UZH-Logo

Maintenance Infos

Interleukin-1β regulates fat-liver crosstalk in obesity by auto-paracrine modulation of adipose tissue inflammation and expandability


Nov, Ori; Shapiro, Hagit; Ovadia, Hilla; Tarnovscki, Tanya; Dvir, Irit; Shemesh, Elad; Kovsan, Julia; Shelef, Ilan; Carmi, Yaron; Voronov, Elena; Apte, Ron N; Lewis, Eli; Haim, Yulia; Konrad, Daniel; Bashan, Nava; Rudich, Assaf (2013). Interleukin-1β regulates fat-liver crosstalk in obesity by auto-paracrine modulation of adipose tissue inflammation and expandability. PLoS ONE, 8(1):e53626.

Abstract

The inflammasome has been recently implicated in obesity-associated dys-metabolism. However, of its products, the specific role of IL-1β was clinically demonstrated to mediate only the pancreatic beta-cell demise, and in mice mainly the intra-hepatic manifestations of obesity. Yet, it remains largely unknown if IL-1β, a cytokine believed to mainly function locally, could regulate dysfunctional inter-organ crosstalk in obesity. Here we show that High-fat-fed (HFF) mice exhibited a preferential increase of IL-1β in portal compared to systemic blood. Moreover, portally-drained mesenteric fat transplantation from IL-1βKO donors resulted in lower pyruvate-glucose flux compared to mice receiving wild-type (WT) transplant. These results raised a putative endocrine function for visceral fat-derived IL-1β in regulating hepatic gluconeogenic flux. IL-1βKO mice on HFF exhibited only a minor or no increase in adipose expression of pro-inflammatory genes (including macrophage M1 markers), Mac2-positive crown-like structures and CD11b-F4/80-double-positive macrophages, all of which were markedly increased in WT-HFF mice. Further consistent with autocrine/paracrine functions of IL-1β within adipose tissue, adipose tissue macrophage lipid content was increased in WT-HFF mice, but significantly less in IL-1βKO mice. Ex-vivo, adipose explants co-cultured with primary hepatocytes from WT or IL-1-receptor (IL-1RI)-KO mice suggested only a minor direct effect of adipose-derived IL-1β on hepatocyte insulin resistance. Importantly, although IL-1βKOs gained weight similarly to WT-HFF, they had larger fat depots with similar degree of adipocyte hypertrophy. Furthermore, adipogenesis genes and markers (pparg, cepba, fabp4, glut4) that were decreased by HFF in WT, were paradoxically elevated in IL-1βKO-HFF mice. These local alterations in adipose tissue inflammation and expansion correlated with a lower liver size, less hepatic steatosis, and preserved insulin sensitivity. Collectively, we demonstrate that by promoting adipose inflammation and limiting fat tissue expandability, IL-1β supports ectopic fat accumulation in hepatocytes and adipose-tissue macrophages, contributing to impaired fat-liver crosstalk in nutritional obesity.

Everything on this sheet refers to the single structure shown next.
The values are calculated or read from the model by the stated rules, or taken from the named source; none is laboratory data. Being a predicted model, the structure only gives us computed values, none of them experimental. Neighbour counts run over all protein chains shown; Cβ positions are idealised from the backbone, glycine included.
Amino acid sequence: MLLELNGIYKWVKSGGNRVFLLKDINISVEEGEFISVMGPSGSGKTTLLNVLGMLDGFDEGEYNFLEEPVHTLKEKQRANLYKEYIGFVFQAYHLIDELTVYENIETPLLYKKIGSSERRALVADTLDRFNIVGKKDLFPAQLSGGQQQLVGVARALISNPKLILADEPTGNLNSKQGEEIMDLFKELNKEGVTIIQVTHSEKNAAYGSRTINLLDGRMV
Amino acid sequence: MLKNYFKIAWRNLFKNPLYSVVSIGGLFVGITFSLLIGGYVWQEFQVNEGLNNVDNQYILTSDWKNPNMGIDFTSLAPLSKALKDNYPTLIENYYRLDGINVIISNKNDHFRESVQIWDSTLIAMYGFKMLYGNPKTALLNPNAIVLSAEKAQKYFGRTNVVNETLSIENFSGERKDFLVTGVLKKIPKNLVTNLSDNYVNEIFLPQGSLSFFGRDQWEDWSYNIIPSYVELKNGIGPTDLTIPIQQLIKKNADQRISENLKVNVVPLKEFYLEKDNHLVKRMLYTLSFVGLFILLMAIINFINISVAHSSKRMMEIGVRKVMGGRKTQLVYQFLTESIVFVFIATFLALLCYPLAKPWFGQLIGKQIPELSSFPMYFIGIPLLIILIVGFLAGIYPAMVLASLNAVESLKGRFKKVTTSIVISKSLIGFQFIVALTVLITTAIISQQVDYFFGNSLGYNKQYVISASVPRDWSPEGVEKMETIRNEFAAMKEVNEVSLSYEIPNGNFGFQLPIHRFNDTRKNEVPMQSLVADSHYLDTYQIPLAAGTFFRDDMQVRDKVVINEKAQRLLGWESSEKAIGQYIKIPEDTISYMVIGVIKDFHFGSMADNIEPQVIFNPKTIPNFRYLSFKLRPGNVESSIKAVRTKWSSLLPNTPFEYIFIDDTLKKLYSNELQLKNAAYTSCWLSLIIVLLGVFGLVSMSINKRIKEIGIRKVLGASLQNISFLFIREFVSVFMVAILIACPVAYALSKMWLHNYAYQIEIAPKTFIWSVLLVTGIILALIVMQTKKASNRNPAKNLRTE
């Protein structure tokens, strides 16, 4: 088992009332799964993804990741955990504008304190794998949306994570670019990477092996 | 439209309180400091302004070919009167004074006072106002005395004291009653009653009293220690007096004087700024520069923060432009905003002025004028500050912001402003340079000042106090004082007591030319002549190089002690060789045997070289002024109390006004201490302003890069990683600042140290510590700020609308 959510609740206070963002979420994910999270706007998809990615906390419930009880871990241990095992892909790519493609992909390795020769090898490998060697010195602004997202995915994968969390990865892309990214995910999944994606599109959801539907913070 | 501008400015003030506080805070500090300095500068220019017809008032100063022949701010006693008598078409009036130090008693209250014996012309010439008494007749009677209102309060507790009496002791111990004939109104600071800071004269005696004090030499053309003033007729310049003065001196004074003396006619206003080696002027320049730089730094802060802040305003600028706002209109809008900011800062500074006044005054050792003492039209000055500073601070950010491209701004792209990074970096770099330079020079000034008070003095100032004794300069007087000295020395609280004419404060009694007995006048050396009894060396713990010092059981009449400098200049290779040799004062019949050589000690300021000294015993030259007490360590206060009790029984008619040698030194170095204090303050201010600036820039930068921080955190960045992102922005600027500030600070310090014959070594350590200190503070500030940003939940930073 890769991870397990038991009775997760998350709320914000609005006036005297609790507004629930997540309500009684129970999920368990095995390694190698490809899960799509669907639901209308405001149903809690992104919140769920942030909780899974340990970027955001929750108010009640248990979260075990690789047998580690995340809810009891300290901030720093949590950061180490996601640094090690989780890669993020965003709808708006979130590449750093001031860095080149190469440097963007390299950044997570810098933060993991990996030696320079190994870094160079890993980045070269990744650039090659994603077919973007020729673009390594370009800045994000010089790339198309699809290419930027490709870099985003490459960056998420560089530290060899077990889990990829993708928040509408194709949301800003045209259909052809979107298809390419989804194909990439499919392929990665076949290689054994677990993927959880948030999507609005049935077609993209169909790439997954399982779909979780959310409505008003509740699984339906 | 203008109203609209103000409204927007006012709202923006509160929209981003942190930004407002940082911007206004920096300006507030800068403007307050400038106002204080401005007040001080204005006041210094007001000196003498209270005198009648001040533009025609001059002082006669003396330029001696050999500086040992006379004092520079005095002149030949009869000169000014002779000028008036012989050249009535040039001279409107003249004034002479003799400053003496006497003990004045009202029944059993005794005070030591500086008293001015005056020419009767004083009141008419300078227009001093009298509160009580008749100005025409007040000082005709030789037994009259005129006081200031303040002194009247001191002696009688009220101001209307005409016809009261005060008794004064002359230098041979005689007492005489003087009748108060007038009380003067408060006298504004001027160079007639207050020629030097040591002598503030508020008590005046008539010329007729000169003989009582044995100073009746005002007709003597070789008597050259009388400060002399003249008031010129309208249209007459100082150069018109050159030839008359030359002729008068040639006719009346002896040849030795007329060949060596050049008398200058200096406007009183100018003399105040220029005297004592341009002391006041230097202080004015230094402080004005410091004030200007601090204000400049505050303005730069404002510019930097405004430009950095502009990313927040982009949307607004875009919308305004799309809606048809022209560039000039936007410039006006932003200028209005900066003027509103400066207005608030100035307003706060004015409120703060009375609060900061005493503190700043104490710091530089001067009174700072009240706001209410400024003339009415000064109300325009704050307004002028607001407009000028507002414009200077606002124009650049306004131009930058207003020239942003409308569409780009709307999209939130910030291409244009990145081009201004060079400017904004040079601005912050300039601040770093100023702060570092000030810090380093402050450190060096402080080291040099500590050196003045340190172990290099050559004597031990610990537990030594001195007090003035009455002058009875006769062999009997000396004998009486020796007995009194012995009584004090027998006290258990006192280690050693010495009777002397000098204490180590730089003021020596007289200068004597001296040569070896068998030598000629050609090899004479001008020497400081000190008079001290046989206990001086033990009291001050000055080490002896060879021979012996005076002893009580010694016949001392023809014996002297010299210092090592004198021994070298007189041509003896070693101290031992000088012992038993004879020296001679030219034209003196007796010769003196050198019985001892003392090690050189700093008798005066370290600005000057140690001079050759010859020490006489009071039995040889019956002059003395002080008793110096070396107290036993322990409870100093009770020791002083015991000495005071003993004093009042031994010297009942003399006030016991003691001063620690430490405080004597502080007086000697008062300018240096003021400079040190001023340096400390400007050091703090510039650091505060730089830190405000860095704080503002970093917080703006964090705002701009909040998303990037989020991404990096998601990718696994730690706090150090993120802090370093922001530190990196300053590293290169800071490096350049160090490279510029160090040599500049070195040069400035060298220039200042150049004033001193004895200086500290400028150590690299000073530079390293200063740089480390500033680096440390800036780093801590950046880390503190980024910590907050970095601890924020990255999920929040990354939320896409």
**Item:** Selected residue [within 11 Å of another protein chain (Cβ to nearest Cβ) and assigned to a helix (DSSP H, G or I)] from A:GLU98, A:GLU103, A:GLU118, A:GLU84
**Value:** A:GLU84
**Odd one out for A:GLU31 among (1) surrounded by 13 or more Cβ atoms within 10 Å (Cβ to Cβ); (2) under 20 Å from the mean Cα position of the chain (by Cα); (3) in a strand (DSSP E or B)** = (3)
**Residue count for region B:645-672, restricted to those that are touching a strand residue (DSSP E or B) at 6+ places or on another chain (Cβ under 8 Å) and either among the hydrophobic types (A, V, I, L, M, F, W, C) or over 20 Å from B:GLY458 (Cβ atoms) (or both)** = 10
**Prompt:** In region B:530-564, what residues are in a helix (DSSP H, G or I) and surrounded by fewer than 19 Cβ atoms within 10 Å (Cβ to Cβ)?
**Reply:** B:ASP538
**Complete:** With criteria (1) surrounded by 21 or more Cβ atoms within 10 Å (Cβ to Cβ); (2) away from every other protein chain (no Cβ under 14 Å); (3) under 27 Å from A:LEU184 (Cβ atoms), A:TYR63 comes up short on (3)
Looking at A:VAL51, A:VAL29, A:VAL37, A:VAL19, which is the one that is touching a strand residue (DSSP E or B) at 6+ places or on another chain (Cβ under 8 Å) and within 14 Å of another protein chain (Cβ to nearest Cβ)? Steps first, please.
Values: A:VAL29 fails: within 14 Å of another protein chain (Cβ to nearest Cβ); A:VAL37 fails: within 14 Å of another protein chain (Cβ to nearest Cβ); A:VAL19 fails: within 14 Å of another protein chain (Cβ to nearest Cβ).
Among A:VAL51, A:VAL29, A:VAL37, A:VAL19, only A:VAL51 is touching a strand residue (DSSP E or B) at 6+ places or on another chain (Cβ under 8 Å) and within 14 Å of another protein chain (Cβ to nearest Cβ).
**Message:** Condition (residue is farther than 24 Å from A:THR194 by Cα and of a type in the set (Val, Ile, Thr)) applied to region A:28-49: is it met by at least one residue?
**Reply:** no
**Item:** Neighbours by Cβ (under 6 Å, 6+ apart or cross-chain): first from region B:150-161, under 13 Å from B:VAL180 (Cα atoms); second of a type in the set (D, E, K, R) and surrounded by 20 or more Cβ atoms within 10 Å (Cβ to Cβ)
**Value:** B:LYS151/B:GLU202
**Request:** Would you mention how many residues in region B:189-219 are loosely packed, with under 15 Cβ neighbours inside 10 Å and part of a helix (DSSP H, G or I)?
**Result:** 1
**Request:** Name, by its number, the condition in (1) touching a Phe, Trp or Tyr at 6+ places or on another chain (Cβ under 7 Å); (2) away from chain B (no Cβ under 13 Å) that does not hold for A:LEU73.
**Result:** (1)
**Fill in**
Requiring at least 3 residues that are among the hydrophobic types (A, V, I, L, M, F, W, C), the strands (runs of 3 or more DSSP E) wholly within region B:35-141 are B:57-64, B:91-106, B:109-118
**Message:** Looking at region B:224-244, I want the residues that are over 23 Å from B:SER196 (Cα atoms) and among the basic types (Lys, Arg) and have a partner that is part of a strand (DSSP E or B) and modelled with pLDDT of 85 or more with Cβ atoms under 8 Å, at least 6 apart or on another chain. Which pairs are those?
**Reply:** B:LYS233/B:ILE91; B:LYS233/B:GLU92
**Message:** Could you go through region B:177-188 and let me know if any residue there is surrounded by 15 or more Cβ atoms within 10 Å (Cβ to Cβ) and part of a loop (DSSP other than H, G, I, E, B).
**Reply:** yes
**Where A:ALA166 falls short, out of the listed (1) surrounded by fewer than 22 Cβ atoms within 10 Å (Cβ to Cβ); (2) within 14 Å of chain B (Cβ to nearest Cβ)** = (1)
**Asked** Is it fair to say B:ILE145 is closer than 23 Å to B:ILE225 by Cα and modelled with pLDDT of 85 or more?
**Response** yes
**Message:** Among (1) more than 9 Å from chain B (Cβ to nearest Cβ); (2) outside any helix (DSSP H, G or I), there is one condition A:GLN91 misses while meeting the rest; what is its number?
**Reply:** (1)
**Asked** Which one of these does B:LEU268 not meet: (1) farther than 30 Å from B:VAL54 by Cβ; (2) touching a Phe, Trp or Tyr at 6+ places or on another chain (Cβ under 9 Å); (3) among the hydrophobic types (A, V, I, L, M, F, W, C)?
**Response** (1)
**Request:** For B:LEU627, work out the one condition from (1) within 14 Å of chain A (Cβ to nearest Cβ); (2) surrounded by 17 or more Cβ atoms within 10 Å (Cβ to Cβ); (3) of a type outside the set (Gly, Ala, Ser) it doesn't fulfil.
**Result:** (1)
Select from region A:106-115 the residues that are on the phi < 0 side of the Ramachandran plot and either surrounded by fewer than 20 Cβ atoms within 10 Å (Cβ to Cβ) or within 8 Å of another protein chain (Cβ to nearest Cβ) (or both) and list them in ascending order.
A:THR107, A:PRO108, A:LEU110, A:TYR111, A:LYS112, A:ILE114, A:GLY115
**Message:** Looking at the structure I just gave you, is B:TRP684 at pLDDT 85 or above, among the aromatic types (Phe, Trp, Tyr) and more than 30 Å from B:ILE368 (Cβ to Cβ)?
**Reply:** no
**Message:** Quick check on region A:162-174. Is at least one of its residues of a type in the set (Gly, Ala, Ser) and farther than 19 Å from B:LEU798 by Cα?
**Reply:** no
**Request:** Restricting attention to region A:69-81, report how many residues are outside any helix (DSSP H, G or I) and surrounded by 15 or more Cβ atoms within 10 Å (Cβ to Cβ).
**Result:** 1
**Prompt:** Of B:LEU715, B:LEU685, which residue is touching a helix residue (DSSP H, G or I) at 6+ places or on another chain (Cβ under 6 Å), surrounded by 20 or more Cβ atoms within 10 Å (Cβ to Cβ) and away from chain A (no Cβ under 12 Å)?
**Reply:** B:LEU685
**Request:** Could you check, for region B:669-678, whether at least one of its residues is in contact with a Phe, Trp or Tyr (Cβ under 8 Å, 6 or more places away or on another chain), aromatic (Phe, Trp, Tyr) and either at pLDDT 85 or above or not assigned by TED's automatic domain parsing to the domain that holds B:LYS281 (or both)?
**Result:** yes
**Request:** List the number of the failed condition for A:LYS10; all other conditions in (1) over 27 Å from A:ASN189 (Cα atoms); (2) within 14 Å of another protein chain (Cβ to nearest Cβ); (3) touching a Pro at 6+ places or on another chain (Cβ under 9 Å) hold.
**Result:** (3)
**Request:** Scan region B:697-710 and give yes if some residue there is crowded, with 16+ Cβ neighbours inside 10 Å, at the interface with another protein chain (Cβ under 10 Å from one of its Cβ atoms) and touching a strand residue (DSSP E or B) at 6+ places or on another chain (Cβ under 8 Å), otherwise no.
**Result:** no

Abstract